The unsigned letter was apparently a response to a previous article that poked fun at the little town of Malvern, and the writer was suitably aggravated. He or she noted several points that prove Malvern was superior to Dothan, its larger neighbor to the east:

“Malvern has less juvenile delinquency than Dothan. … No infringement of the law was existent during the Christmas holidays, and none is expected for the remainder of the year. … Malvern has produced three professional prize fighters, all having fought in Madison Square Garden (names on request) … Malvern is in the process of paving the main street, and citizens there have not experienced any difficulty in getting to and from their homes and businesses. Compare this, Mr. Editor, with Dothan. … Malvern has had no lawsuits, or any pending, caused by hazards and un- safe condition on streets and sidewalks.”

“So you can observe from these facts that Malvern is not as small as it once was and considerable credit should be given.”

No doubt, the editor was suitably chastened!

6. Coffeeville

The Jim Folsom Bridge spans the Tombigbee River in Coffeeville. Photo by Dwight Pugh

My hometown of Coffeeville is special because what it lacks in population, it makes up for in courage, character and hospitality. The relaxed culture can be a welcome change for some, while also being a humble beginning for others. I am grateful I had the opportunity to grow up there, surrounded by family who instilled values such as integrity, accountability and respect that I can now pass on to my children.

Coffeeville is located in the southwest corner of Alabama. It is known for its hunting and fishing and has the third largest lake in the Black Warrior and Tombigbee system. It’s on the state birding trail, and the U.S. Army Corps of Engineers operates and maintains a modern campground located just two miles west of town. About 25,000 campers from all over the U.S. visit the park each year.

No matter how far I may travel, Coffeeville will always be “home.”

Liza Pugh-Nicholson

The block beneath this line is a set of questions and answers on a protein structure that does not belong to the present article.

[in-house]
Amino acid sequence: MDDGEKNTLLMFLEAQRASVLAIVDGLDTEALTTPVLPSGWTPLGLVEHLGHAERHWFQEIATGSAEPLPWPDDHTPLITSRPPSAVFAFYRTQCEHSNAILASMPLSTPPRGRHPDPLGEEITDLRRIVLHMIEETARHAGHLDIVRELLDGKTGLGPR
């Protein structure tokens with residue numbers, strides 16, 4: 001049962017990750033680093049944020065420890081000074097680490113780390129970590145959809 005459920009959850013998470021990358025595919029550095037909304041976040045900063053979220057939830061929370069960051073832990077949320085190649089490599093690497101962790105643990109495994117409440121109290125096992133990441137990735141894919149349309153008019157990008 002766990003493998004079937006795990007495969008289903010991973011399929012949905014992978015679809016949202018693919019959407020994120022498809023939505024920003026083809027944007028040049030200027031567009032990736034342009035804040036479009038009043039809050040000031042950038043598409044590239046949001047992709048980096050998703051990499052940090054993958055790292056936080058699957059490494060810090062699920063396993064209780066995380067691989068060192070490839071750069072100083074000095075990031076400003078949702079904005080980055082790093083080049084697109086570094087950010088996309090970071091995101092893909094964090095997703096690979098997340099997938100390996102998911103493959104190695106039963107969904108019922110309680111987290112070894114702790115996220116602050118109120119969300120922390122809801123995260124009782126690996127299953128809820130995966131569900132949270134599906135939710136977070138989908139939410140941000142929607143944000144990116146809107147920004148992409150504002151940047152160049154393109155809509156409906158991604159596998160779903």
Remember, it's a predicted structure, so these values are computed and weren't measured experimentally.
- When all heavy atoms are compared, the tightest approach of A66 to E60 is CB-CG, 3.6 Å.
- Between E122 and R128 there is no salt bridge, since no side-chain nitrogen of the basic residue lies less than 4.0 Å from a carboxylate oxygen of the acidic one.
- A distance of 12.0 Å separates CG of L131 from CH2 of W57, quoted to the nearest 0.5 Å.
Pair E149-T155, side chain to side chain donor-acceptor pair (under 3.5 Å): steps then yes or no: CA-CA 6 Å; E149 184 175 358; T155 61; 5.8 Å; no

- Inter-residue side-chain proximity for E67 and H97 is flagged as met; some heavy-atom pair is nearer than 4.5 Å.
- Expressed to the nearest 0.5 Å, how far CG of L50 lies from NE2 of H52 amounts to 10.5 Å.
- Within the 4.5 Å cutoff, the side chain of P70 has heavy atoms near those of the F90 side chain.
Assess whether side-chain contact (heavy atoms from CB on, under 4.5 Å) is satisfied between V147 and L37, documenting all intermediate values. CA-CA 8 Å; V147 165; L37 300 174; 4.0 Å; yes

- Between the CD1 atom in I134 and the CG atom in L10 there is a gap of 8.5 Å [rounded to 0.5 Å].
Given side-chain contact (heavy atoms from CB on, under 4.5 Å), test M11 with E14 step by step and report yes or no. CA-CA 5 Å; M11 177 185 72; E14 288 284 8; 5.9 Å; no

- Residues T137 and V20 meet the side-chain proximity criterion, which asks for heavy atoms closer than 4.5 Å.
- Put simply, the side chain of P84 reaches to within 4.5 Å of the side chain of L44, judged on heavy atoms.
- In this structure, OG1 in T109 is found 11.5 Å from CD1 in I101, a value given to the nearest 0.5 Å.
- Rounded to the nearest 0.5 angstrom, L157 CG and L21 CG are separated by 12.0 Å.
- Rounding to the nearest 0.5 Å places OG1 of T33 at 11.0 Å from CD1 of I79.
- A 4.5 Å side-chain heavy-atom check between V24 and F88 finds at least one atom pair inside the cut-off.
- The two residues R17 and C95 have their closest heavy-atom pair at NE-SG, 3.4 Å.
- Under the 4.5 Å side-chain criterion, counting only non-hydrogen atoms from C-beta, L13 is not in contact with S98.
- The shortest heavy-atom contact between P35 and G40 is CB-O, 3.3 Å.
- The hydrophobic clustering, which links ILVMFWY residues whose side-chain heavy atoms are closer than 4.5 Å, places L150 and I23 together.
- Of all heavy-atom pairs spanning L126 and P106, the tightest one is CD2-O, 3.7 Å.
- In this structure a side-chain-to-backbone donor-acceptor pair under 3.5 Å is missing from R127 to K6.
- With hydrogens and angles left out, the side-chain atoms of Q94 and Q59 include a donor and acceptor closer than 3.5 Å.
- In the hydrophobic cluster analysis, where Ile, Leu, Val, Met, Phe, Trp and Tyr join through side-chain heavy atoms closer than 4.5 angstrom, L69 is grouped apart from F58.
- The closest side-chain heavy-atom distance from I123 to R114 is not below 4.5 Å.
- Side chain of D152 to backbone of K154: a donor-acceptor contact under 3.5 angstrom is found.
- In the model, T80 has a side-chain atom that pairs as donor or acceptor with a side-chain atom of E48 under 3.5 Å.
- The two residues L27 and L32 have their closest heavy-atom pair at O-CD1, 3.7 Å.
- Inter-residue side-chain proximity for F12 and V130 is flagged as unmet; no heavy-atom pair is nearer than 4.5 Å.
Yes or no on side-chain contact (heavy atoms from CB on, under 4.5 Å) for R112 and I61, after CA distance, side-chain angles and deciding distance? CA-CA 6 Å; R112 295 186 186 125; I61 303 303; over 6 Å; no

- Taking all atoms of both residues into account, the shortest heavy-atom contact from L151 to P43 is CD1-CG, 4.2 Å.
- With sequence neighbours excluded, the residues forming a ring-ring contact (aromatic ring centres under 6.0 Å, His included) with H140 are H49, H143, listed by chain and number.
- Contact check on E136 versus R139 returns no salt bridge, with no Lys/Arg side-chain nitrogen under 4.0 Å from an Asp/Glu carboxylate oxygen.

7. Union Springs


To those who call it home, Union Springs is the center of the universe. Not only is it geographically located among some of Alabama’s best cities, people everywhere seem to be connected to it by relatives, friends or events.

Union Springs is located in Bullock County, whose history is rich in hunting and outdoor activities. It’s home to two national bird-dog field trials and is a mecca for hunting and fishing.

The area also offers theatre and art. In its 17thyear, the Red Door Theatre produces multiple shows a year, all Southern in nature. The theatre annually welcomes over 2,000 guests. The city’s downtown is home to five original murals celebrating the area’s history and culture.

History lovers will find 45 buildings located on the National Register of Historic Places, as well as one of the first public gardens in the U.S.

This center of the universe is my hometown, loved by its residents and welcoming to its visitors.

Midge Putnam

8. Leroy

My hometown is the unlikely place named Leroy, in Washington County. It is a spread-out community (if it was all pushed together it would be much more impressive looking). It has a lot of farming area, but most people work in the nearby chemical plants and paper mill.

Most importantly, it has some of the most wonderful people you would ever want to be around. When anyone loses a family member or has any kind of trouble, so many people are there to be with you.

Our school’s sports teams have won numerous state championships, of which we are very proud. We have churches that are blessings to our area.

I love Leroy, and anyone would be lucky to live here.

Mary Bowling Glover

Leroy High School. Photo by Sarah Hansen